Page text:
Fig. 3 Schematic diagram illustrating a trial in the identity matching- to-sample task. Time Out for 3–4 s means that the subject had to wait for 3–4 s after an incorrect response before proceeding to the next trial
Fig. 4 Schematic view of the exchange of tokens. The filled circles represent “marks”
Procedure for the exchange of tokens. To obtain a food reward, the subject had to insert the tokens into the vending machine through a slot in the acrylic panel to the right of the touch monitor. A solid white circle (henceforth referred to as a “mark") appeared on the touch monitor, after a coin had been inserted (Fig. 4). The subject had to touch the solid white circle, or mark, to receive the food reward. The mark signaled to the chimpanzee that the vending machine had accepted the coin and was now operational. In a sense, the mark provided a visual feedback for the token-use.
The subject was allowed to insert consecutively as many coins as she wanted into the vending machine before exchanging them for food reward (succession strategy). This would result in the accumulation of tokens in the vending machine, signaled by the appearance of multiple marks on the monitor. They could also insert one token at a time, exchanging it immediately by touching the mark on the monitor (sequential strategy). The procedure assured that the number of token rewards was constant (80) across sessions.
Accuracy, measured as the percentage of correct responses in IMTS, showed little variance as sessions progressed (Table 1). The subjects' accuracy was significantly above chance level (i.e., 50%), for a chi-square test applied to the total of responses in each task for each subject (for color-to-color, Ai: χ2=828.82, df=11, P<0.01, Pendesa: χ2=940.10, df=11, P<0.01, Popo: χ2=912.60, df=11, P<0.01; for lexigram-to-lexigram, Ai: χ2=881.67, df=11, P<0.01, Pendesa: χ2=889.35, df=11, P<0.01, Popo: χ2=728.02, df=11, P<0.01; for kanji-to-kanji, Ai: χ2=693.60, df=11, P<0.01, Pendesa: χ2=735.00, df=11, P<0.01, Popo: χ2=663.34, df=11, P<0.01), and very close to 100% in some cases. The two-way ANOVA showed some significant differences between individuals, F2,99=59.28; P<0.01, and between tasks, F2,99=11.27; P<0.01. There were also some significant differences resulting from the interaction of individuals and tasks, F2,99=6.69; P<0.01.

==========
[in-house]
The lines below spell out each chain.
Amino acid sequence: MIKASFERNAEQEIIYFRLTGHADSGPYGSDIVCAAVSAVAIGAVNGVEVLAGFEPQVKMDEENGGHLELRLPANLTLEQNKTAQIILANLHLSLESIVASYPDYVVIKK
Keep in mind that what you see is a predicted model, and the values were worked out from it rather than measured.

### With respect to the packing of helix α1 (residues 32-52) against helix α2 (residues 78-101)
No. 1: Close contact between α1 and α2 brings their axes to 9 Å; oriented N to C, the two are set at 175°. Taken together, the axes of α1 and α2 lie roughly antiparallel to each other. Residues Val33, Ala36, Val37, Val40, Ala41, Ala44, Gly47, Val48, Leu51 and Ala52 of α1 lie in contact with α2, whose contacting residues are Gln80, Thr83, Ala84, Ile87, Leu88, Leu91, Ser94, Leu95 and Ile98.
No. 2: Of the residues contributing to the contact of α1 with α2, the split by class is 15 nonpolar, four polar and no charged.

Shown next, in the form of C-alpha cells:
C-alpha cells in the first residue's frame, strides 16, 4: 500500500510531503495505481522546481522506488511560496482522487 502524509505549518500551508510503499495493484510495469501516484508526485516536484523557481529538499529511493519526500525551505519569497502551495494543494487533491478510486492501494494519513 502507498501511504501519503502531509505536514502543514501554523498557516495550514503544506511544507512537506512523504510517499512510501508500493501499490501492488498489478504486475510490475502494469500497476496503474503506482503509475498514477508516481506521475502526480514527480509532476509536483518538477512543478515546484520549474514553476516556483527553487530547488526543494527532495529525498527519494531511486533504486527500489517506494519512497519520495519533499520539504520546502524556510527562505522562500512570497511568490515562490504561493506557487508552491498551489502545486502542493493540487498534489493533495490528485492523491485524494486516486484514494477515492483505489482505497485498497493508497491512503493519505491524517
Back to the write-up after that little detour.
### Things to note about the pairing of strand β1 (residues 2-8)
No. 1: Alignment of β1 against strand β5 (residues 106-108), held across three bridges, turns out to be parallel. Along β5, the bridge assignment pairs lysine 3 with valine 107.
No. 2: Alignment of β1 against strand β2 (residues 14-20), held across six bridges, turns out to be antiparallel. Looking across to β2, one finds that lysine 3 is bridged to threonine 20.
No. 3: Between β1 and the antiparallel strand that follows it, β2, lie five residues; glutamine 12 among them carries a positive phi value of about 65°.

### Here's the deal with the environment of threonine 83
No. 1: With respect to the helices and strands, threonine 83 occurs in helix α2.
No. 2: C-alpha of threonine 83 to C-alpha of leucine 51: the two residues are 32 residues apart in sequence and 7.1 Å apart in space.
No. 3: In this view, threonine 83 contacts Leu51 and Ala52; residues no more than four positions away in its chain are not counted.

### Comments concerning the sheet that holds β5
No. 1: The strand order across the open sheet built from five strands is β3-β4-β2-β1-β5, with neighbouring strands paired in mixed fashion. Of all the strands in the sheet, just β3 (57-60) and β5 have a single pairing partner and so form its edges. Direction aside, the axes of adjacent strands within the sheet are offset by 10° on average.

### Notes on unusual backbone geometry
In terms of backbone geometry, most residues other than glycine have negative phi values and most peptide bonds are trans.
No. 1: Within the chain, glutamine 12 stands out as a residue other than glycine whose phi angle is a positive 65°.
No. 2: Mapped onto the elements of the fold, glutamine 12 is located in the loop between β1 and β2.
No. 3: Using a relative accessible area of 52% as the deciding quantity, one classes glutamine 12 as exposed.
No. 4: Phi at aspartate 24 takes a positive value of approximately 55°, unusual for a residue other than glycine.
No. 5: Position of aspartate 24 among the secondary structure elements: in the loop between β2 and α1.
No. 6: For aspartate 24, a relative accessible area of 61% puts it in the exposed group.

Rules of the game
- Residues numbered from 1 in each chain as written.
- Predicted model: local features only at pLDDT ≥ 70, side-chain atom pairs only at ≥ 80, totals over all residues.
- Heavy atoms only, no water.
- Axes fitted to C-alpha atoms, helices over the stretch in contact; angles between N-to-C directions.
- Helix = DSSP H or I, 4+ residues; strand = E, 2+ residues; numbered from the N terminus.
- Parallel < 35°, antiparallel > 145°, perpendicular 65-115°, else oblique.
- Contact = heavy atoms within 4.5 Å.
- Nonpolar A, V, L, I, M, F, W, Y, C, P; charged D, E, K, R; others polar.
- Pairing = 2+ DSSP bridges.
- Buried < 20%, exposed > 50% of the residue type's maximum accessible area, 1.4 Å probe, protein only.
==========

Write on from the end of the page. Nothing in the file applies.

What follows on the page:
Table 1 Average percentage of correct responses with the standard deviation for a total of 12 sessions per task, for each individual chimpanzee
How many coins were saved before they were exchanged for food? Data from the total number of sessions for each individual was combined in order to calculate the saving pattern. We computed a “saving index" in order to accurately reflect the saving behavior. This index is based on the weighted probability per opportunity and was computed as Ix=(Px–1×Px)×100. Px is the probability of collecting each token, in a rank position (x) in a saving bout. Px is given by the number of saving tokens divided by the number of opportunities of saving them. P0 is defined as 1. According to this procedure the saving index for the first token, I1, is 100%. The saving index I2 is based on P2 that is the probability of continuing to collect the second token. The saving index I3 is given by the equation (P2×P3)× 100. In this index we distinguish two types of situations: (1) stop collecting coins based on the subject's own will, and (2) stop collecting coins because is it the end of the session and there is no more opportunity to continue to save. The former situation is the research target of the present study. All bouts from all sessions for each subject were combined for this analysis.
Fig. 5 The probability of continuing to collect coins during experiment 1 for Ai, Pendesa (Pen), and Popo. Each curve represents the probability of continuing to collect coins (y axis) for each opportunity in a bout (x axis), depending on the number of coins already collected
Figure 5 shows the “saving index" for the three subjects. The probability of continuing to collect coins drops very quickly after the first coin for Ai, and after the second coin for Popo, while it declines very slowly for Pendesa. For Pendesa, the probability of collecting more than 15 coins per bout is 70%. A 50% threshold was also calculated for each subject (3.13 coins for Ai, 4 for Popo and 25 for Pendesa). This 50% threshold value represents the number of tokens saved on average, and is not based on the arithmetic mean but on the weighted probability per opportunity. In other words, based on the data, Ai continued to save up to 3 coins and Popo saved up to 4 coins in half of the bouts. In contrast, Pendesa showed a 50% probability of continuing to save up to 25 coins. These values illustrate the similarity between the saving patterns of Ai and Popo, which were very different from that of Pendesa. Following the same idea of analyzing the pattern of saving tokens, we also analyzed the pattern of saving marks on the monitor. We calculated the probability of continuing to insert coins without an immediate exchange for food, in other words, saving marks. For Ai and Pendesa the probability of inserting the next coin, without exchanging the previous one for a food item drops from 100% to 0% after the insertion of the first coin (sequential strategy). This means that the two chimpanzees never saved marks. For Popo the probability is maintained constant at 100% (succession strategy). This means that Popo continued to insert all the coins she had, and stopped only when she did not have any more coins to insert.
Experiment 1 confirmed that tokens were effective in maintaining the subjects' work in a discrimination task that had already been learned. All three subjects showed that the token reward was sufficient to maintain their discrimination performance with high accuracy at a stable level.